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 On30 Sugar Cane Hauler in 1920's Haiti
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Author Previous Topic: Operation Dark Winter - HO scale micro layout Topic Next Topic: The Town
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Grabnet
Crew Chief



Posted - 09/28/2015 :  7:01:00 PM  Show Profile  Reply with Quote
To continue with the build of the Rhum Distillery in the very rural section of my mini Haitian layout I scoured the Internet looking for a suitable cane press prototype to model. This layout is set in 1920 Haiti and electricity was non-existent in the rural countryside. It is still that way today for the most part.A small operation like the one I am modeling could have used a small gasoline engine to power the press but again not likely. They were imported and rarely sent to the hinterland. Besides gasoline in the Haitian mountains was usually not heard of in the 1920's. So that left human and animal power.

I found this hand powered cane press on the net and thought I would give it a try.



Here is my take using plastic bits, wooden dowel pieces and parts from the junk box.



I did up the wheels for the hand cranks in the Haitian national colors of red and blue like the prototype. If you look closely you can see the shiny handholds from thousands of hours of hand labor turning this beast.







Next I need some laborers cranking the press. I have not purchased 1:48 figures in quite a while (wrapped up in a now defunct Garden RR X5 years). Where do you all like to get figures?? Any chance you know of manufacturers making African or African-American figures?? Thanks for all help and leads.

Doc Tom



Country: USA | Posts: 631 Go to Top of Page

BigLars
Engineer

Premium Member


Posted - 09/28/2015 :  7:32:13 PM  Show Profile  Reply with Quote
Doc Tom,
The press is a great scratch build.
African figures are hard to come by in o scale. I think Lifelike made a few. I will go on a little hunt for you.



My current build:
http://www.railroad-line.com/forum/topic.asp?TOPIC_ID=50375

Edited by - BigLars on 09/28/2015 7:45:54 PM

Country: USA | Posts: 11420 Go to Top of Page

Grabnet
Crew Chief



Posted - 09/28/2015 :  7:44:08 PM  Show Profile  Reply with Quote
quote:
Originally posted by BigLars

Doc Tom,
The press is a great scratch build.
African figures are hard to come by in o scale. I think Lifelike made a few. I will go on a little hunt for you.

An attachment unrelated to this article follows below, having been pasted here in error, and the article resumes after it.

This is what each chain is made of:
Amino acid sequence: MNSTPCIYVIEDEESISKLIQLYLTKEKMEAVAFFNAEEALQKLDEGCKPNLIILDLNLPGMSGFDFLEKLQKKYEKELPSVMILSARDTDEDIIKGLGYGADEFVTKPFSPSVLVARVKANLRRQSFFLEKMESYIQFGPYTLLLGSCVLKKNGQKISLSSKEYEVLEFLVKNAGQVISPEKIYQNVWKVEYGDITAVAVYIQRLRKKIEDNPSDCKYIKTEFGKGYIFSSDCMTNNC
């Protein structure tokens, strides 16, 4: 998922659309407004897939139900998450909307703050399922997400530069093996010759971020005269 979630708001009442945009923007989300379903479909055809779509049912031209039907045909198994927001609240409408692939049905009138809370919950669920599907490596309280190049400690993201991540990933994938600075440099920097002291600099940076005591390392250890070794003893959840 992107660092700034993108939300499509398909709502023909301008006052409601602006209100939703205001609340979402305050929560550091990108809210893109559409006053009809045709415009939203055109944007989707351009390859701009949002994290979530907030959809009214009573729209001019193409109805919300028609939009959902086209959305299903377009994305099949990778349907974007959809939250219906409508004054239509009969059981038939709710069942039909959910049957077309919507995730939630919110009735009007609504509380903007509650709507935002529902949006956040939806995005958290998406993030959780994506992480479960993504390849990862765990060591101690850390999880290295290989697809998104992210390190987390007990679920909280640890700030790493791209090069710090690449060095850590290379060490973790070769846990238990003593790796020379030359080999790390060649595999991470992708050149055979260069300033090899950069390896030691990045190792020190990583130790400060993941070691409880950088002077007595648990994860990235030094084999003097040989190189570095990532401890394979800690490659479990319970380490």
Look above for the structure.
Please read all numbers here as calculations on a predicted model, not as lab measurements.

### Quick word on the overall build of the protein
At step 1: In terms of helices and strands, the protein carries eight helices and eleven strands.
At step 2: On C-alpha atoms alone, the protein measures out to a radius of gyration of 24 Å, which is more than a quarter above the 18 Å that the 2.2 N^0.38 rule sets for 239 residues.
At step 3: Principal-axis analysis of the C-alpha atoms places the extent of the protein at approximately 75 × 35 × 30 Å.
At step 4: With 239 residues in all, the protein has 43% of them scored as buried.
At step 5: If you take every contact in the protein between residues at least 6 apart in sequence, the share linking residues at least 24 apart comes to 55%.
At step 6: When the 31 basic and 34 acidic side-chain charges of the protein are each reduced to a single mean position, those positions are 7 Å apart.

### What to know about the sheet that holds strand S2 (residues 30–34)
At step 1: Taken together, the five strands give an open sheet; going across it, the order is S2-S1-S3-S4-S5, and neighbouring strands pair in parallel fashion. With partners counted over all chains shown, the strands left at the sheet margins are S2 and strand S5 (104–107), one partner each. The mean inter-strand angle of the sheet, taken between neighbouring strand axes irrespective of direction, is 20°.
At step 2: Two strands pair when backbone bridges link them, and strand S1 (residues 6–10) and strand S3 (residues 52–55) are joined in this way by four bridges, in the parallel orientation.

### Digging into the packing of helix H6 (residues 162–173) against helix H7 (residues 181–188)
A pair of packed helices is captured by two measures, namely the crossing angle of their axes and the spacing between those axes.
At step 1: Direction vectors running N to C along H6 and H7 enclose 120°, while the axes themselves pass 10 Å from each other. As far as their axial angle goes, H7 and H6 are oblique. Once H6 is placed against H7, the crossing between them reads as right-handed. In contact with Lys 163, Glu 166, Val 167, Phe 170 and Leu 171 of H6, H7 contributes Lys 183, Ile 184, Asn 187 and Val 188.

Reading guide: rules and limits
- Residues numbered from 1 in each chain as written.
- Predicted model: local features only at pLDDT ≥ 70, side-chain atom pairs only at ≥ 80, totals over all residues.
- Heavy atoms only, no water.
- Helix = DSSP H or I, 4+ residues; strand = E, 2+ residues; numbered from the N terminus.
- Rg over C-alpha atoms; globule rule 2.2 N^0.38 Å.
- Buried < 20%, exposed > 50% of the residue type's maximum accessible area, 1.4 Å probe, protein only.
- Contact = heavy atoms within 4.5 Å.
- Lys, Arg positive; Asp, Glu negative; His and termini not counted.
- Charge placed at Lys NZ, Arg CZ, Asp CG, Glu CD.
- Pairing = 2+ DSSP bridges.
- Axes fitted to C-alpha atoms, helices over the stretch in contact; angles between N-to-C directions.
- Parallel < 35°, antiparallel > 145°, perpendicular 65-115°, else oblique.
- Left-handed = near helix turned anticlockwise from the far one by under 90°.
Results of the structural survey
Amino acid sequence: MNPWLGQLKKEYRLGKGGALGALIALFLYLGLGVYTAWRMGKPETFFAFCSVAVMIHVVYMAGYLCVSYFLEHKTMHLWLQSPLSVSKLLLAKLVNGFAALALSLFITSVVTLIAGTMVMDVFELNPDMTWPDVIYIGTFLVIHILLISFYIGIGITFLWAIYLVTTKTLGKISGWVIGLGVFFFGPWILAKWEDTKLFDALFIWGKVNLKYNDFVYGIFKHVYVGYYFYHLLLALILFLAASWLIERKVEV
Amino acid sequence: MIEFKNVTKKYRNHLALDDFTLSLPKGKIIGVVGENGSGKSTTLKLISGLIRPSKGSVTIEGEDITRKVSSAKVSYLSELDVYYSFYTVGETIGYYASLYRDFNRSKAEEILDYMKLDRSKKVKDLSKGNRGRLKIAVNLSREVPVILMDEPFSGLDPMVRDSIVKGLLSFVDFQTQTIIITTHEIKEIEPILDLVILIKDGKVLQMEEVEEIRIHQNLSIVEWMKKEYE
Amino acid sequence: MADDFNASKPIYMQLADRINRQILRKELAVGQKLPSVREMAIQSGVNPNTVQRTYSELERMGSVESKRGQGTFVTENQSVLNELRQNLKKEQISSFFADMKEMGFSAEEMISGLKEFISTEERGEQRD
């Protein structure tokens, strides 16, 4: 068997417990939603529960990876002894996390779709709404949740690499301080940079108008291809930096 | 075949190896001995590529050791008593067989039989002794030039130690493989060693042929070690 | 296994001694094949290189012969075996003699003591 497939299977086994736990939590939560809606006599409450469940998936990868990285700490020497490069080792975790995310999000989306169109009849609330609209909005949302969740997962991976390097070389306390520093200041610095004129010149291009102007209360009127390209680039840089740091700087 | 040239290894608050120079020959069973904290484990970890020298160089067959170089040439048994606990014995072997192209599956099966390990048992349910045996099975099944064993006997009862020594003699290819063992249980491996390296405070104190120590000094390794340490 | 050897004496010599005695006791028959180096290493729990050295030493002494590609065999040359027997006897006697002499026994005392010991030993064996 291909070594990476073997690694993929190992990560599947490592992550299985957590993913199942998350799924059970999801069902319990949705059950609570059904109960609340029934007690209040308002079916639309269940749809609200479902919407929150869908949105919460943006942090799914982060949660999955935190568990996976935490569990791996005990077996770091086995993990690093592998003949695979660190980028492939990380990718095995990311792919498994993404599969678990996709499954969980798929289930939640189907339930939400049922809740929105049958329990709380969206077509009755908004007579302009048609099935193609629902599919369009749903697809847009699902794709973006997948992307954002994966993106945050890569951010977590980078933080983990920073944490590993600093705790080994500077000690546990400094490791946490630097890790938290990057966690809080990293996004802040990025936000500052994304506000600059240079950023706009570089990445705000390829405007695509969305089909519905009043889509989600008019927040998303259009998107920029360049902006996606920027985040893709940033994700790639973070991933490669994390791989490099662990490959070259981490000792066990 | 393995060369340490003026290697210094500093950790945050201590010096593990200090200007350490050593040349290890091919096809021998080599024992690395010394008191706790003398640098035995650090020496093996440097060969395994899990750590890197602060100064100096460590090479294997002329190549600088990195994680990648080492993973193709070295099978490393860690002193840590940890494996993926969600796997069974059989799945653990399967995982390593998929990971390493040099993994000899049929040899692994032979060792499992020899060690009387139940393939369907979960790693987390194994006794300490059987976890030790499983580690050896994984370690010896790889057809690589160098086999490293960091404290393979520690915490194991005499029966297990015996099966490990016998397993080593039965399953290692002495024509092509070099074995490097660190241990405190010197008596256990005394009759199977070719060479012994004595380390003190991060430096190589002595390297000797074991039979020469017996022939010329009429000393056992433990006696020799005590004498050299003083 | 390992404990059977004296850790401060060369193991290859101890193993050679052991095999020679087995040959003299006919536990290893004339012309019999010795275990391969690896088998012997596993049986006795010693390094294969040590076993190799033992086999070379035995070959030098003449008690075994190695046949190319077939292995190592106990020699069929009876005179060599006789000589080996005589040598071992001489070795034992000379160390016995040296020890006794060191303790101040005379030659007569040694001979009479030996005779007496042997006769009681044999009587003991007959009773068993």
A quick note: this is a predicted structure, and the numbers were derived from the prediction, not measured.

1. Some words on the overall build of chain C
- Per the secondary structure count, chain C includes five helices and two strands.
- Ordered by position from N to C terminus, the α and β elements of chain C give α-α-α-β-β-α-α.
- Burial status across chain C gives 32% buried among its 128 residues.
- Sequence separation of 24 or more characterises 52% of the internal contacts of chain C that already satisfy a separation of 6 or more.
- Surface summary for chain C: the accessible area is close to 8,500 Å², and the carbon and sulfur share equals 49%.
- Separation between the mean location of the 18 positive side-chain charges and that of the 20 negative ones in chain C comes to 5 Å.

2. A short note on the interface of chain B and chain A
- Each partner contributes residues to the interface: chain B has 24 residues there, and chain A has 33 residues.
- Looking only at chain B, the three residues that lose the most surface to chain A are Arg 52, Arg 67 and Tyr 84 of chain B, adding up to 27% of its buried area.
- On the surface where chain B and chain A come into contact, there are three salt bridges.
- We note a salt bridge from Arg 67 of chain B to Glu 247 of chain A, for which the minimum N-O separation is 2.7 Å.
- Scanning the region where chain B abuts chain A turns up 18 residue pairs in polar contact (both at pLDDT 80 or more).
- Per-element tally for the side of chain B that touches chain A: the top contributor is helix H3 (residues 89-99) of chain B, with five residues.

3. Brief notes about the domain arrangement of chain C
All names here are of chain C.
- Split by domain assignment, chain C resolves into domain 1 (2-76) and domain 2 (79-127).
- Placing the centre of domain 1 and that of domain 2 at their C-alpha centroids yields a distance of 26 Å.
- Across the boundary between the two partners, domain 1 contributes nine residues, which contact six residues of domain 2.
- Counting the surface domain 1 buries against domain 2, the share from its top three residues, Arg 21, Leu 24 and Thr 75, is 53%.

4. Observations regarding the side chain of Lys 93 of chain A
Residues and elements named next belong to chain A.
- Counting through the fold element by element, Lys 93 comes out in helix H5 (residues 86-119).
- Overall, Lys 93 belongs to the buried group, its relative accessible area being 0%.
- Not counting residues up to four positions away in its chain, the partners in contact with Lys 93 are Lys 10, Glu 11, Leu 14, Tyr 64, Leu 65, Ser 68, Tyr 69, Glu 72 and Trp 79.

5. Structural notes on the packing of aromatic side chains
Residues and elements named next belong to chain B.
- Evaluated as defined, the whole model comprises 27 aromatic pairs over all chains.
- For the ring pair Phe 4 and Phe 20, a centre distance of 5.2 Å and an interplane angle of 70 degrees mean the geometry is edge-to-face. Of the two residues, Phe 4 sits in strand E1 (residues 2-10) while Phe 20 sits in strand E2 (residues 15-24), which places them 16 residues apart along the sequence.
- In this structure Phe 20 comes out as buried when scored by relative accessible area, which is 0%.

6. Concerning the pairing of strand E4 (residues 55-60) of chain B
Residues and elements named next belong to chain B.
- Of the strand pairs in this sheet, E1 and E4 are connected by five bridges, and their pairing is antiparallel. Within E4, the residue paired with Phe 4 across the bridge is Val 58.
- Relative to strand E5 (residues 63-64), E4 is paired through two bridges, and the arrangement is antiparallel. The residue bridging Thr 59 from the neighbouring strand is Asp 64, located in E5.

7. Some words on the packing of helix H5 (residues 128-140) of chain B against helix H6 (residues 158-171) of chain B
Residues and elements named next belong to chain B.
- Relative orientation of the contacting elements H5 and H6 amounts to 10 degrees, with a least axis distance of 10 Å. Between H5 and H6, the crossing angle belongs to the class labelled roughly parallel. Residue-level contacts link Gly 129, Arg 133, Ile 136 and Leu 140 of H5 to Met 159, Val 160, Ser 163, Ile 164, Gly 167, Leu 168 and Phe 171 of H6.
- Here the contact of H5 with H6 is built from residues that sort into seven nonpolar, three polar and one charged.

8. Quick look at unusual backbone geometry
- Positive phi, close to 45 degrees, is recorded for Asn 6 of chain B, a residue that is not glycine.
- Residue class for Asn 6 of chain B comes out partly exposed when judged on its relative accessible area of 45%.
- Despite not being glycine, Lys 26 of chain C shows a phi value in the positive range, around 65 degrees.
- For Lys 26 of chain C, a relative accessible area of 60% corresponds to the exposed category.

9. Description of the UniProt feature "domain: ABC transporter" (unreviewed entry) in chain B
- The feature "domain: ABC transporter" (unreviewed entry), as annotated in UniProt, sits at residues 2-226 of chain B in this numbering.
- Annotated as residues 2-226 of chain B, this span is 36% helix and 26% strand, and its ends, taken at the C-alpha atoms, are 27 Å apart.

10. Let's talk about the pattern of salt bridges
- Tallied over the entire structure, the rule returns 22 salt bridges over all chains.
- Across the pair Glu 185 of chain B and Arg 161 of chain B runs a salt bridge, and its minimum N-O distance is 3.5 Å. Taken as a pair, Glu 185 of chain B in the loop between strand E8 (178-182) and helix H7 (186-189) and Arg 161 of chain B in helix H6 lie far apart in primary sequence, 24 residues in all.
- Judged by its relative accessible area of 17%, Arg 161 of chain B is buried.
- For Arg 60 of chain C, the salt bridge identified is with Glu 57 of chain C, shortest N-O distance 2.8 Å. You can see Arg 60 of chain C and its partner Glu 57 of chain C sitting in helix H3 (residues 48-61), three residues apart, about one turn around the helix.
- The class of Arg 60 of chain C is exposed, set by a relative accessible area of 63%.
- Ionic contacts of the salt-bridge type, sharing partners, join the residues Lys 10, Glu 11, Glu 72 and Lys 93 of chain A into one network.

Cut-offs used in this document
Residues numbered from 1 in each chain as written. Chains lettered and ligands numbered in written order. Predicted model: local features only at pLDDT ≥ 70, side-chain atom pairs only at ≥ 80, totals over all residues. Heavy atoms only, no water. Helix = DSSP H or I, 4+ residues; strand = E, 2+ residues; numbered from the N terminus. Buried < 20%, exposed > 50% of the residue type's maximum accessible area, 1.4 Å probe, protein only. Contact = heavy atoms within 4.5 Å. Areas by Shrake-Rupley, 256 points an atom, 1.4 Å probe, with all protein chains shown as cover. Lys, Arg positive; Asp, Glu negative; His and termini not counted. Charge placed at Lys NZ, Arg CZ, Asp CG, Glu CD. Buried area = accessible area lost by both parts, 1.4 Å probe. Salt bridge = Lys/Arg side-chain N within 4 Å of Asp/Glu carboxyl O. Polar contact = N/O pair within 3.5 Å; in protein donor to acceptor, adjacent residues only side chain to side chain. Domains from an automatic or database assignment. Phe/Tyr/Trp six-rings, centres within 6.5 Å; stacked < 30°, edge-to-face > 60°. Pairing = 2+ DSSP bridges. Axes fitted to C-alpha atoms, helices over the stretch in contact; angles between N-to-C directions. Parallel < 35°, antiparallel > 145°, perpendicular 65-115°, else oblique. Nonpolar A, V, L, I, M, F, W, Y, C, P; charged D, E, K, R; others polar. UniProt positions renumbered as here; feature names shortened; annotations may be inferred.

Thanks BL.That will be a great help. I can also paint up anglo figures of workmen like I did in this scene years ago.



TOM



Country: USA | Posts: 631 Go to Top of Page

BigLars
Engineer

Premium Member


Posted - 09/28/2015 :  7:46:10 PM  Show Profile  Reply with Quote
Some links for figures, not sure if they all still work:

Aardvark Aarts: http://www.aardvarkaarts.com/

Aspen Modeling: http://www.theaspenmodelingcompany.com/OScaleFigures.html

Figures in O: http://www.railroad-line.com/forum/topic.asp?TOPIC_ID=18671

Fun & Games: http://www.scalefigures.com/

Source for figures?: http://www.railroad-line.com/forum/topic.asp?TOPIC_ID=13931

The 1/48 - 1/43 figure reference thread: http://www.railroad-line.com/forum/topic.asp?TOPIC_ID=28881

McKenzie Figures: http://www.creative-works.ca/mckenzie_figures

McKenzie Iron & Steel: http://mckenzieironandsteel.com/catalog/

Painting White Metal Figures: http://www.railroad-line.com/forum/topic.asp?TOPIC_ID=24334

PeopleScale.com: http://www.peoplescale.com/main.sc



My current build:
http://www.railroad-line.com/forum/topic.asp?TOPIC_ID=50375

Country: USA | Posts: 11420 Go to Top of Page

Grabnet
Crew Chief



Posted - 09/28/2015 :  8:06:17 PM  Show Profile  Reply with Quote
quote:
Originally posted by BigLars

Some links for figures, not sure if they all still work:

Aardvark Aarts: http://www.aardvarkaarts.com/

Aspen Modeling: http://www.theaspenmodelingcompany.com/OScaleFigures.html

Figures in O: http://www.railroad-line.com/forum/topic.asp?TOPIC_ID=18671

Fun & Games: http://www.scalefigures.com/

Source for figures?: http://www.railroad-line.com/forum/topic.asp?TOPIC_ID=13931

The 1/48 - 1/43 figure reference thread: http://www.railroad-line.com/forum/topic.asp?TOPIC_ID=28881

McKenzie Figures: http://www.creative-works.ca/mckenzie_figures

McKenzie Iron & Steel: http://mckenzieironandsteel.com/catalog/

Painting White Metal Figures: http://www.railroad-line.com/forum/topic.asp?TOPIC_ID=24334

PeopleScale.com: http://www.peoplescale.com/main.sc





These are great links Big Lars!! Thank you and they are bookmarked.

The guys down at the dock are looking forward to some new friends and co-workers too.



Doc Tom



Country: USA | Posts: 631 Go to Top of Page

Bill Gill
Fireman



Posted - 09/29/2015 :  07:20:42 AM  Show Profile  Reply with Quote
Tom, Your scratchbuilt cane press squeezes right into place in the scenery. Hope to see the workers cranking it soon.


Country: USA | Posts: 2750 Go to Top of Page

Grabnet
Crew Chief



Posted - 09/29/2015 :  4:26:54 PM  Show Profile  Reply with Quote
Hi,
I found some Artista figures of workmen sitting around. They looked pooped from cranking the press and I thought they would fit in well with this scene. I ordered them and a few more days hope to have them in place.